If you examine past climates versus climate today, and climate in 100 years, you notice something. 


Even though Earth's mean temperature may have been higher in the past, this correlates to a huge warm period in Earth's history, with coastal sea levels about 500 feet higher than today.  

Even though climate changes constantly, we are changing it much faster than anytime in Earth's past (barring disasters like a comet hitting the earth).  Species adapt naturally, over millenia.  Species move as the Earth temperature rises and cools, over millenia.  If we change the temperature too fast, species cannot adapt quickly enough, which is already happening. 


I think I see the problem:  "species adapt".   Some conservative Christian and the politicians that pander to them just do not want to admit that acknowledging climate change means acknowledging evolution.  


Doom Classical liberal
Doom Classical liberal

If memory serves correct sea levels have risen 425 feet in the past 12,000 years. Obviously, that has nothing to do with man made global warming.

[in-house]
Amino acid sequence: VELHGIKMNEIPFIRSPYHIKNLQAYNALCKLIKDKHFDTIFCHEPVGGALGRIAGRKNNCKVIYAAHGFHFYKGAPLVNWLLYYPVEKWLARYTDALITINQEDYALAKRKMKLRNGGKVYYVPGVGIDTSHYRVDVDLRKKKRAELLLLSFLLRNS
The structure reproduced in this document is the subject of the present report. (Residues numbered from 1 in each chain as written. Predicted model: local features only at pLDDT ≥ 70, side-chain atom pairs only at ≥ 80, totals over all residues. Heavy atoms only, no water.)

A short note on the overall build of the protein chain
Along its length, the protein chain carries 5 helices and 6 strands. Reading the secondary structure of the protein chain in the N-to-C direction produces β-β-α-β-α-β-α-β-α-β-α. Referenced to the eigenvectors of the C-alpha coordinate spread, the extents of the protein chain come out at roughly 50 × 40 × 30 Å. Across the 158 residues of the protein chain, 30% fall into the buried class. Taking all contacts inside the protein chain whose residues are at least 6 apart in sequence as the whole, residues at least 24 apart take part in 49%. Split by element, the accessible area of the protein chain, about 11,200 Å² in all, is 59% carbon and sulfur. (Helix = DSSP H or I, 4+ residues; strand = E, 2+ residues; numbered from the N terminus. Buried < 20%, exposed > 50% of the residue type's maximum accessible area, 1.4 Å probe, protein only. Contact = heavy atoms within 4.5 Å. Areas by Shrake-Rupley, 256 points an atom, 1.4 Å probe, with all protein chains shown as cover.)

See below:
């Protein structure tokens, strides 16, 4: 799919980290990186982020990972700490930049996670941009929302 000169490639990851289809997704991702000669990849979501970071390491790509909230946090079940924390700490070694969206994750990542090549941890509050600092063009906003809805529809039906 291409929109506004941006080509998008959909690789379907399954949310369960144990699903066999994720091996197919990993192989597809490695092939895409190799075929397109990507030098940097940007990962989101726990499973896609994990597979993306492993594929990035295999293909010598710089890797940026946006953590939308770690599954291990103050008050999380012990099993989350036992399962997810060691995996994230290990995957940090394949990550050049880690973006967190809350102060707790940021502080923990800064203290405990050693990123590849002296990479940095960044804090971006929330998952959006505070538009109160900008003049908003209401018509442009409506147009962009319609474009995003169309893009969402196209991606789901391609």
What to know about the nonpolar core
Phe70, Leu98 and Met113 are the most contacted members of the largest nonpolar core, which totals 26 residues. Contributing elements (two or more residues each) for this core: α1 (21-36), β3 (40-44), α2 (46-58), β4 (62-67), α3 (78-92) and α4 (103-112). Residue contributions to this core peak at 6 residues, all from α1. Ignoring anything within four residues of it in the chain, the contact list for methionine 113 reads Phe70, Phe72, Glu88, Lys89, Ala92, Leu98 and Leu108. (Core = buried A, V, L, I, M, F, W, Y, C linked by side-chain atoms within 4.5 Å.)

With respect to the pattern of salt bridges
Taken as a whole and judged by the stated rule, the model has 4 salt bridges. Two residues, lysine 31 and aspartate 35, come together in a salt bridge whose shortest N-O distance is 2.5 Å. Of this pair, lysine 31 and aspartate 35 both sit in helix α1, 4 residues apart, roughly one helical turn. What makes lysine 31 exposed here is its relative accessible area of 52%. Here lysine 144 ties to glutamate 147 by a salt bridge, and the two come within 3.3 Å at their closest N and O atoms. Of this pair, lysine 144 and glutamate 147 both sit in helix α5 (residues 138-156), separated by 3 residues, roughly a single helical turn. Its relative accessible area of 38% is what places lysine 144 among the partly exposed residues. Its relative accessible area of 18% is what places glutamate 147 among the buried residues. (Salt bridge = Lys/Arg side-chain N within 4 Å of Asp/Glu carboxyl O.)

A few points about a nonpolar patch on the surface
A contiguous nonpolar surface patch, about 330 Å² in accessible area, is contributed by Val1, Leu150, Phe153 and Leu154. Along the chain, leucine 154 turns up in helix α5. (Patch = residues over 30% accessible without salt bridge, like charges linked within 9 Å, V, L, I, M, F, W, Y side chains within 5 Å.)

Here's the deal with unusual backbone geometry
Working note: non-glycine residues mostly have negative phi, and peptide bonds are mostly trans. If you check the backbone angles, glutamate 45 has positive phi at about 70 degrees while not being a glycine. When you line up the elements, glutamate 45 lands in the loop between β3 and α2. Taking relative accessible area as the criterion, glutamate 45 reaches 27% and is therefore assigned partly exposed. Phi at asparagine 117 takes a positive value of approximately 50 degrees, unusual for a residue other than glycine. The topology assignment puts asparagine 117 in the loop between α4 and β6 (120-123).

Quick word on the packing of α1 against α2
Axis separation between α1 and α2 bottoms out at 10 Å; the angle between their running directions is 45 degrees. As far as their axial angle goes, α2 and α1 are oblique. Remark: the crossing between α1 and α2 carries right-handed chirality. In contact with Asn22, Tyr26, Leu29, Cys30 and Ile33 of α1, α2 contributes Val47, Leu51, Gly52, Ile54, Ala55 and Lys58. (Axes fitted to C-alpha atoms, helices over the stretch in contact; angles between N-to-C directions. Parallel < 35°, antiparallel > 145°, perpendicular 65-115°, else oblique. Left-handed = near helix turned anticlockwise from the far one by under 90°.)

I also watched a natgeo special on the scientists at the south pole studying ice cores. Bottom line is that between the freezing, thawing, and refeezing lag times that it would take likely thousands of years before rising sea levels would be of cataclysmic proportions.

LogicalDude
LogicalDude

@Doom Classical liberal "it would take likely thousands of years before rising sea levels would be of cataclysmic proportions."


Not if we keep pumping CO2 in the atmosphere. That comes down to a hundred to two hundred years.  And people don't want to do anything about it. 

Crazy. 

Doom Classical liberal
Doom Classical liberal